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Published by EH.NET (August 2001)

Christopher Clay, Gold for the Sultan: Western Bankers and Ottoman Finance,

1856-1881. London and New York: I.B. Tauris Publishers, 2000. xx + 698 pp.

$65.00 (hardback), ISBN: 1-86064-476-6.

Reviewed for EH.NET by Faruk Tabak, Walsh School of Foreign Service,

Georgetown University.

Christopher Clay’s Gold for the Sultan is a detailed and painstaking

study which reconstructs, in all its historical richness and specificity, a

story which is all too familiar in its general outlines and yet always

arresting when skillfully couched in the labyrinthine details of the

relationships it relates. The story is that of the conflict-laden and

systemically-forged relationship between money, or capital if you will, and

political power. Here, the former assumes the form of loans extended to a

perpetually cash-strapped Ottoman state by a myriad of banks domiciled in

London, Paris and elsewhere, and the latter is personified by a Sublime Porte

which, in the wake of two decades of reforms starting with the Tanzimat, was

forced during the Crimean War to resort to borrowing in world capital markets

for the first time in its history. Christopher Clay, Professor of History at

the University of Bristol, gives a blow-by-blow account of the mercurial

relationship between the handlers of the world-economy’s wealth, i.e. the

banking institutions and bankers inhabiting global centers of accumulation,

and the Ottoman state from the onset of the Crimean War in 1856 to the

installation in 1881 of the Public Debt Administration after the default of

1875-76. Here, the well-known scenario of spiralling indebtedness culminating

in bankruptcy owes its peculiar twist to the founding of the Banque Imp?rial

Ottomane (BIO), the governmental bank of the empire, by no less than the

lenders themselves. Owned, controlled and managed from London and Paris, the

Bank was expected to lay the foundations of a modus vivendi between the

lenders and the Sublime Porte. The relationship between the two, when viewed

from the imperial seat of power, was more adversarial than not, especially in

times of pressing need which not incidentally was the case for most of the

twenty-five years covered in the book. In the eyes of those associated with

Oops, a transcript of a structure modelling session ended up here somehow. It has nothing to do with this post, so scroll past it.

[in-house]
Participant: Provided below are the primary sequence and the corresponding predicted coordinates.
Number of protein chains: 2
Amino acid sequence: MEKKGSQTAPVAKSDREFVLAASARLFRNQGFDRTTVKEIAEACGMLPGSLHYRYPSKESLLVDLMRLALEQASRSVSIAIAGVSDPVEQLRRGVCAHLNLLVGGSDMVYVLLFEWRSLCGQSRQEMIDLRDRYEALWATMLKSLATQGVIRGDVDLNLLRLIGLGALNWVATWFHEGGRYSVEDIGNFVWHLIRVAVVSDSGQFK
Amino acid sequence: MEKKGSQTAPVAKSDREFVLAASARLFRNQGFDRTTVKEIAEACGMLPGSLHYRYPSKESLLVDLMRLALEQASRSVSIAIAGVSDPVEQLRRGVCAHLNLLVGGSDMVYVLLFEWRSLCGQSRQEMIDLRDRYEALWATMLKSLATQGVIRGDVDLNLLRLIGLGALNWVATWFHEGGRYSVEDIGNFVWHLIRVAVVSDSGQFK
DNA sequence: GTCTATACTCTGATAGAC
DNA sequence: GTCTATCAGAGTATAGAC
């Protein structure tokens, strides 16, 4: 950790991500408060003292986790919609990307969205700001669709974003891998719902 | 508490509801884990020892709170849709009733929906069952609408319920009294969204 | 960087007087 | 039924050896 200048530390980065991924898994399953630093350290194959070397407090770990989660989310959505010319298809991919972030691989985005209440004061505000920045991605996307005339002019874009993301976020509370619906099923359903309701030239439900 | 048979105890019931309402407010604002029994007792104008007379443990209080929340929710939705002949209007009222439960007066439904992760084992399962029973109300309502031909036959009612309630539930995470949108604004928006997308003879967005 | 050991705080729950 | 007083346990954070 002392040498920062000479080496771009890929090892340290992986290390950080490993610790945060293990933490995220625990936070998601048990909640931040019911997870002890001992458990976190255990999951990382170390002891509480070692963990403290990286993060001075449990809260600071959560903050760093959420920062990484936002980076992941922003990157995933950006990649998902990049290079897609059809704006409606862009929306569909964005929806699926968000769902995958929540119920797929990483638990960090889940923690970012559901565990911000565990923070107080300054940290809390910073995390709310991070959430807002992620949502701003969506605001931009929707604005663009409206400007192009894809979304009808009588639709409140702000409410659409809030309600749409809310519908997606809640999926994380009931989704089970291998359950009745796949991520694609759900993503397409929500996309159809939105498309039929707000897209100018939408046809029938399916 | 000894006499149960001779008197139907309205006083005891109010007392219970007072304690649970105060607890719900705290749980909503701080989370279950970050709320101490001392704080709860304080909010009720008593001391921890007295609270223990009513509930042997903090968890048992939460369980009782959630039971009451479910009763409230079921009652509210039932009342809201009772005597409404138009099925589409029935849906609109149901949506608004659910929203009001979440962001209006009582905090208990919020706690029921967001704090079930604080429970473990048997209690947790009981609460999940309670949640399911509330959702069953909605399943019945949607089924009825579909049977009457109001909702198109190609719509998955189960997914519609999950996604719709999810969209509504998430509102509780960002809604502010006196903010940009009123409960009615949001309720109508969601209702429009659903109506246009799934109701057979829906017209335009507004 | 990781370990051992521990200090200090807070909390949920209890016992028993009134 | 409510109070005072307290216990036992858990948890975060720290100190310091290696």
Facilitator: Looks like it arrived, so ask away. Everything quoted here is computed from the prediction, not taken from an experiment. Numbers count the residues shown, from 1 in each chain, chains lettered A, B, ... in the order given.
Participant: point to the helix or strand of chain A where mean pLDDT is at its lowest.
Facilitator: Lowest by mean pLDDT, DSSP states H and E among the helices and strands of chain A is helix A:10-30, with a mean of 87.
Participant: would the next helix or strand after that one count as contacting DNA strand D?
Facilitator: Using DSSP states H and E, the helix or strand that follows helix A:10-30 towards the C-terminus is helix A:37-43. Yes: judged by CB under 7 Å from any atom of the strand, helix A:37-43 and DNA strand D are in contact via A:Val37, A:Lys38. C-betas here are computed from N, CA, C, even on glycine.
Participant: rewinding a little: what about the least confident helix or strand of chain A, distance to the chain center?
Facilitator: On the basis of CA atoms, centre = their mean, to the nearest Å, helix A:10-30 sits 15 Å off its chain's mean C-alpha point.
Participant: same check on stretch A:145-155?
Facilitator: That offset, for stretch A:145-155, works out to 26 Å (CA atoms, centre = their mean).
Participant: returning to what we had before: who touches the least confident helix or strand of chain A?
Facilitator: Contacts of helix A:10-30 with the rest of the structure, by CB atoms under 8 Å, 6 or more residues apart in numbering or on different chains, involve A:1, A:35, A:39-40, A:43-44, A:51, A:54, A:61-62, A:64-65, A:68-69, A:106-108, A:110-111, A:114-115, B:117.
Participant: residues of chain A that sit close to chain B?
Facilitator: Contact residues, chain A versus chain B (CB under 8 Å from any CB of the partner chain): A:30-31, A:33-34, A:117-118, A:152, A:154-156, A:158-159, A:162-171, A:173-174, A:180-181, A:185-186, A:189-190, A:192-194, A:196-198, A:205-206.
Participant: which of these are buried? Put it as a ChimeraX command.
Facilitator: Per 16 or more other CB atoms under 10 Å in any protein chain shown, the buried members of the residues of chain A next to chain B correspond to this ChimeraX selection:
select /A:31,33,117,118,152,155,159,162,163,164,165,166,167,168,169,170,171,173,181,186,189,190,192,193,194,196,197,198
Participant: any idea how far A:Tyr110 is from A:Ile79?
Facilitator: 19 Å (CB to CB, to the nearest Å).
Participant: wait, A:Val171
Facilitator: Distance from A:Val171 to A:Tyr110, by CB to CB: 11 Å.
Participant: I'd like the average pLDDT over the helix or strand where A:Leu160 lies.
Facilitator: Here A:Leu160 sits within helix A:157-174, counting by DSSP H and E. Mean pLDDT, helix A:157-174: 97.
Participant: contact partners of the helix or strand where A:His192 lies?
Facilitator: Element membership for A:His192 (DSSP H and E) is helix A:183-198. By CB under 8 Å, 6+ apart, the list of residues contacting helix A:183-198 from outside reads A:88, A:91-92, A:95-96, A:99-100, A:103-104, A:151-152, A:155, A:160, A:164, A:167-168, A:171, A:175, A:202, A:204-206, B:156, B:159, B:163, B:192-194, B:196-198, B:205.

the Bank, however, the interests of the Ottoman state and western bankers were

not almost always divergent, they were closely intertwined.

Clay examines the dynamics of this relationship from the vantage-point of the

Bank, through the eyes of its major decision-makers. The book traces the

historical trajectory of the Bank from the growing presence of western bankers

in Ottoman finances during the Crimean War (Chapter 1) to the successful

raising of a series of loans until 1875 under the watchful eyes, but not

always with the intermediation, of the Bank (Chapters 2 to 5); from the

bankruptcy and the crisis that ensued in 1876-77 (Chapters 5 to 7) to the

securing, with the help of the Bank in particular, of a partial rehabilitation

that led to the creation of the Public Debt Administration (Chapters 8 to 11).

In essence, the book discusses, through the prism of the BIO, whether a

working relationship can be established between a “state bank” marching to the

tune of world capital markets and an imperial seat of power inclined or forced

to live beyond its means yet not willing to bow down to the demands of

capital markets precisely because it was given access to a bank which it

invested with imperial privileges and expected, in return, to be given some

financial breathing space. The author clearly demonstrates that the answer is

more nuanced than not. The first two decades of the Bank’s existence were not

happy ones indeed, because it was forced to compete with other lenders who

were more than willing to extend funds to the Ottoman state on better terms.

The relationship between the two turned cordial only at the end of the 1870’s

and in the early 1880’s. The taxing times following the default created a more

cordial environment. It is this brief “moment” that Clay silhouettes in his

conclusion and highlights the value of the service the Bank had then rendered

to the Ottoman state.

To make his point, Clay scrutinizes conditions surrounding the timing and

nature of each and every loan and analyzes whether it was more or less likely

for the Porte to get better terms. By design, the cases are handled on an

individual basis rather than systemically. This detailed account, by

clarifying the motives of each agent engaged in the process of negotiation and